Ruby Bateman is a visual artist, working and living in London. Her work is often self-referential, (re)depicting and translating imagery across different materials and processes. She uses film, photography, drawing, and painting to discuss her personal and political relationship with (institutionalised) motherhood.
Iceland’s legacy for storytelling, Norse poetry, mythology, and folk law are renowned worldwide, sparking imaginations for centuries. The Fish Factory residency immersed me into Iceland’s dramatic landscape, the generous spirit of Icelanders, and their culture and language. I was able to write, draw and film a piece of allegorical fiction inspired by the absurdity of Norse Mythology, the Stöðvarfjörður mountains, and my passion for maternal politics.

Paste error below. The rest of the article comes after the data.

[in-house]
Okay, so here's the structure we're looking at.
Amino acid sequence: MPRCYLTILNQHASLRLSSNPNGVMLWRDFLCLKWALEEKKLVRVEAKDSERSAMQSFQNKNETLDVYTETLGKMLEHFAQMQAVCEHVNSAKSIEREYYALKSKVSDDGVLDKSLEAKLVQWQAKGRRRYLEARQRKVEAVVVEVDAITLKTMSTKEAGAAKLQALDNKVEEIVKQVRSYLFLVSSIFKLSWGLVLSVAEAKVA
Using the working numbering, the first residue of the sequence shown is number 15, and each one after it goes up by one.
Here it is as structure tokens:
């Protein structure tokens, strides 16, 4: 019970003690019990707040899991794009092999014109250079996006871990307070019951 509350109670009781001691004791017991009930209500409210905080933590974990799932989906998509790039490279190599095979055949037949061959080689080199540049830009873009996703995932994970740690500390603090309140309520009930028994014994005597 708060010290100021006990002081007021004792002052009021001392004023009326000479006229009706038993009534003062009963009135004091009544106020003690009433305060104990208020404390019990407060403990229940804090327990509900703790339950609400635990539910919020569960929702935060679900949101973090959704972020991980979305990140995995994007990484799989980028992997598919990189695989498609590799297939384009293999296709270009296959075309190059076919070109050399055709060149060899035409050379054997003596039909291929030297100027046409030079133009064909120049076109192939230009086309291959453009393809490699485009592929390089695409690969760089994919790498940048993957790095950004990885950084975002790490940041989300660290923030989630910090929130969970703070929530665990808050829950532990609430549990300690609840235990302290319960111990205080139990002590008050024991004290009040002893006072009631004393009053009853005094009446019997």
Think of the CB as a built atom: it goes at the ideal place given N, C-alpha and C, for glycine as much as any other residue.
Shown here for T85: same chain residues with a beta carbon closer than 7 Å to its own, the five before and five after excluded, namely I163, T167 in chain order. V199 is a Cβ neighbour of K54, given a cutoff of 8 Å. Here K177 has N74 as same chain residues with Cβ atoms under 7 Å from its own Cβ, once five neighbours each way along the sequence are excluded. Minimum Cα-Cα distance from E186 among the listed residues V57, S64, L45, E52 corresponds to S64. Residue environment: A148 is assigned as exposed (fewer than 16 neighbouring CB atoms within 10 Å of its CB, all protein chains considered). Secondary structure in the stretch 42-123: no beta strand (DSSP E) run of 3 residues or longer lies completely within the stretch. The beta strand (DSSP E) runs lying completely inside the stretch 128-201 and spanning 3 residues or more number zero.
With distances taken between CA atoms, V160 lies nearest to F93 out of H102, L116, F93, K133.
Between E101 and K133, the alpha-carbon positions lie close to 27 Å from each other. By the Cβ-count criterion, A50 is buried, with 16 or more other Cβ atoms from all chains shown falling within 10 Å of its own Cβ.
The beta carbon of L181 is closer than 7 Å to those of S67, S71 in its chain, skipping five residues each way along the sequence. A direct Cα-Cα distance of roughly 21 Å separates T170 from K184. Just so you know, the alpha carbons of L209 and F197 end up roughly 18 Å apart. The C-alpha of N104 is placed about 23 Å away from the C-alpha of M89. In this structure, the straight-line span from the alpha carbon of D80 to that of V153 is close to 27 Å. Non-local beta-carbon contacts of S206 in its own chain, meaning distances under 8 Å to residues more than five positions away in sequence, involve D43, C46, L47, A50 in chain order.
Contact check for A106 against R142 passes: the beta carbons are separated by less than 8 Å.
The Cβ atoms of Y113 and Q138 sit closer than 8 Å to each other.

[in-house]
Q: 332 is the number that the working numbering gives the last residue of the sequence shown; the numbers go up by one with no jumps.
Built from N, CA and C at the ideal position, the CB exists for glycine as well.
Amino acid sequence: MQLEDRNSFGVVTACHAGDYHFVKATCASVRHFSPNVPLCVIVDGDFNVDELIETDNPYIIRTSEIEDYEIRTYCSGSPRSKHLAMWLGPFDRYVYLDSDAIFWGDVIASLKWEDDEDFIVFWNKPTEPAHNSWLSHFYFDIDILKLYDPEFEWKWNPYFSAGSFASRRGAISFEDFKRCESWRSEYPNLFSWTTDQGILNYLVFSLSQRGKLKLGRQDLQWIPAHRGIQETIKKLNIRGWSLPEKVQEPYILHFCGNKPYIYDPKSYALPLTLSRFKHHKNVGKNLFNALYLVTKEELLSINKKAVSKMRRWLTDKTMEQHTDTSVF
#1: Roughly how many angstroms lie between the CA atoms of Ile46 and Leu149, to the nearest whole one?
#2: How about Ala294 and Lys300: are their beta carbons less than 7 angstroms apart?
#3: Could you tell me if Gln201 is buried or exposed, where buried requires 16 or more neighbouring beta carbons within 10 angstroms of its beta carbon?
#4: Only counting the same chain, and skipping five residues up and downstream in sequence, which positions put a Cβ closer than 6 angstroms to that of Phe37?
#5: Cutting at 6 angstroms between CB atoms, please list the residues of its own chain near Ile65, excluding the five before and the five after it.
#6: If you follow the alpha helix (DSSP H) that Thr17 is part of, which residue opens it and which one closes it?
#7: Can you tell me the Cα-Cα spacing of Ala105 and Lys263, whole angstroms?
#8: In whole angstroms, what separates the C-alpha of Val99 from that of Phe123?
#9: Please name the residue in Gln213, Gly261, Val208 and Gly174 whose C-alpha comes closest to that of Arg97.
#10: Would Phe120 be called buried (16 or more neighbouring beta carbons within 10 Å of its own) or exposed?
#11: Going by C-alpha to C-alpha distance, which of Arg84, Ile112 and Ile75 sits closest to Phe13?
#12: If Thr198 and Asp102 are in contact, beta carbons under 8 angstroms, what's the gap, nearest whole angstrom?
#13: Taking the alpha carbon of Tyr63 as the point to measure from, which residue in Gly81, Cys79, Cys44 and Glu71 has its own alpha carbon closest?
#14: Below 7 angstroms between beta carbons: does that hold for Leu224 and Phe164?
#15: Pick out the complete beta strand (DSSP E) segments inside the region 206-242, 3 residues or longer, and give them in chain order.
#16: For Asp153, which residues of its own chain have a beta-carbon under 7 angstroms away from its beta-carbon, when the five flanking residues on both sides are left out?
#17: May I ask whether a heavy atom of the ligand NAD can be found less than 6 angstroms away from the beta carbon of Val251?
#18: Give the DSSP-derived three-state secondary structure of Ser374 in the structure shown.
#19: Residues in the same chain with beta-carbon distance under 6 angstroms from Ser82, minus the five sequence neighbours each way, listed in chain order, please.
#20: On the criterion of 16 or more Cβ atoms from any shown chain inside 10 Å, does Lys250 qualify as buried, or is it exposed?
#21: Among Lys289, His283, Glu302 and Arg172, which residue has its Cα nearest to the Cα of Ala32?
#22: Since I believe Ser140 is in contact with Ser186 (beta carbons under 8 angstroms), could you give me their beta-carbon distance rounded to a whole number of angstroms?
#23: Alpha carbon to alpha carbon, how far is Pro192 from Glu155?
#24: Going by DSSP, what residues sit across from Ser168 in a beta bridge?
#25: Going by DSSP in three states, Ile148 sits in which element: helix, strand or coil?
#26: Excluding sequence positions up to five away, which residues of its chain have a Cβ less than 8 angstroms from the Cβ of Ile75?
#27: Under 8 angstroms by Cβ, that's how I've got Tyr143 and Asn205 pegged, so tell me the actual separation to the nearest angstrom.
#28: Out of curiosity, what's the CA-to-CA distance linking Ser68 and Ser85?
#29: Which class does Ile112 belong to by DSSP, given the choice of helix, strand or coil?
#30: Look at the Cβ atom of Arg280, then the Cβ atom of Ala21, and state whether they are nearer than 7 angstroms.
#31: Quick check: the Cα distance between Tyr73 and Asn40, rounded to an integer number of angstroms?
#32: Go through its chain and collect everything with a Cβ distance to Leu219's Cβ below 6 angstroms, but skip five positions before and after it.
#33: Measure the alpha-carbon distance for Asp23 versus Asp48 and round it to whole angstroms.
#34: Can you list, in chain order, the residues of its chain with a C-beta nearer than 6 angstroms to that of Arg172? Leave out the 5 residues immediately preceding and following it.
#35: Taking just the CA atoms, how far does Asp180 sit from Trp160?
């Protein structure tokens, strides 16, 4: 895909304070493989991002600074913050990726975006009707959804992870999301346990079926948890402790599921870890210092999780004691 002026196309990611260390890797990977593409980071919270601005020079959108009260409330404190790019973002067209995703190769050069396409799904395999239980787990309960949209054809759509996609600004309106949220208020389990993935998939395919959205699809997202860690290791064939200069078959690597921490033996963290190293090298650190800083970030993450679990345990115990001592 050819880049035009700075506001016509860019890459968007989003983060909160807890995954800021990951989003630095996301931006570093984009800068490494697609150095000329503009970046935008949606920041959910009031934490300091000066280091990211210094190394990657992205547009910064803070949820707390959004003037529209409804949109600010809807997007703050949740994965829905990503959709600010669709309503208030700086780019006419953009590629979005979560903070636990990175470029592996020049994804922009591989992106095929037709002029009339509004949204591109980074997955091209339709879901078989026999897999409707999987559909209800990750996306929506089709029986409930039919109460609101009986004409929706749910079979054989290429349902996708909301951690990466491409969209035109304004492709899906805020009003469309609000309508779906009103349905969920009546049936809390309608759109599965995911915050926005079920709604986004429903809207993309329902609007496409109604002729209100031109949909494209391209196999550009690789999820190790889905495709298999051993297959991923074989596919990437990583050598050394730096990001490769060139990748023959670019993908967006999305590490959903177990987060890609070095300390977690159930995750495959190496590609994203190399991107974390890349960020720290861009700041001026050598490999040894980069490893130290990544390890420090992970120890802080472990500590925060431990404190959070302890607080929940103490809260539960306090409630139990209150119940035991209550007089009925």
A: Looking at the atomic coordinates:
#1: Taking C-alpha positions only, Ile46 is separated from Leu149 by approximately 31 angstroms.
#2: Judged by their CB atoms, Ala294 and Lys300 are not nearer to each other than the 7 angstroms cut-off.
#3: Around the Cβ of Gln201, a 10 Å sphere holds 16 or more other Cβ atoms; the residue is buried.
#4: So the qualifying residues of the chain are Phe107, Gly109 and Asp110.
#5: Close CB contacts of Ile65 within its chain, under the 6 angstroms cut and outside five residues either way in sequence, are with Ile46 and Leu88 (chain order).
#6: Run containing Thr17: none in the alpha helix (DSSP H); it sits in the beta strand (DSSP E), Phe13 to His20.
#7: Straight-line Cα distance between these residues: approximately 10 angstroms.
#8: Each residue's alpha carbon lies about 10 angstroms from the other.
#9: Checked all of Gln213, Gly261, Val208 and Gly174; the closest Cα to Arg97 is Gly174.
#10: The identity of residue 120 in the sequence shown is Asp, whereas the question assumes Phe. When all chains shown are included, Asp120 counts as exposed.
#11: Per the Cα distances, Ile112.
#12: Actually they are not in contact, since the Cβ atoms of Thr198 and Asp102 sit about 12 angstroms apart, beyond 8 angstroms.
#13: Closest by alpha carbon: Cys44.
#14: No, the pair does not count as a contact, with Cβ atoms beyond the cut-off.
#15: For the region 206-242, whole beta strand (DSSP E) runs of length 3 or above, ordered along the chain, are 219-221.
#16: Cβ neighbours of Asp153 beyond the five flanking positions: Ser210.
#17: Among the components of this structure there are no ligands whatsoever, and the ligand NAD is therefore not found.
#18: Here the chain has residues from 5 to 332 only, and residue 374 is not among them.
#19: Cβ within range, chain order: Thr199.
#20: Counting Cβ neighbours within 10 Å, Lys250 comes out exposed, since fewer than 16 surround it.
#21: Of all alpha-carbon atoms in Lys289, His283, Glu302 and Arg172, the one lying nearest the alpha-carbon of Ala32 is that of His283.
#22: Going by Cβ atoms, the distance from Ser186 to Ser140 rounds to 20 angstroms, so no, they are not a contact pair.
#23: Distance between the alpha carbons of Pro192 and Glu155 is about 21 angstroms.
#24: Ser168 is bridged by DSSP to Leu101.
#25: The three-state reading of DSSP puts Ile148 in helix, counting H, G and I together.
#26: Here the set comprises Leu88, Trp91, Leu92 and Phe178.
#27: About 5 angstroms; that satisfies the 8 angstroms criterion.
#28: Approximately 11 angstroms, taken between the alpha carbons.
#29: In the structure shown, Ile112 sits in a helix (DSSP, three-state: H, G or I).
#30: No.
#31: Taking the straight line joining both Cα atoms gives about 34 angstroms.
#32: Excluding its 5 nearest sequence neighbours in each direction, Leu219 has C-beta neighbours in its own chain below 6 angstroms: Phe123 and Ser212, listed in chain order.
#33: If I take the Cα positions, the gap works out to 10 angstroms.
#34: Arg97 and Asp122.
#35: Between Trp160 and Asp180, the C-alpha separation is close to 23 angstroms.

This has been a truly transformative experience, opening myself up to the written word in a new and more literal way. Before I had been exploring storytelling in more abstract terms on film, often drawing on myself as the subject. Now I feel I have progressed into a more imaginative mode of language, one that can relate to my interests and concerns for (institutionalised) motherhood without having to put myself so centrally. What emerged from my month’s residency was a super 8 film, a collection of sculptures, film photography, and a series of ink drawings: originally storyboards for my film, but became works in their own right. The trust and freedom I was given at the Factory allowed me to create work more prolifically and without expectation or inhibition. I was able to weave together a fully formed collection of work that commented on patriarchy and its suppression of women’s reproductive and intellectual knowledge throughout history.
Thank you, Ruby! :)
// Check the interview on Youtube //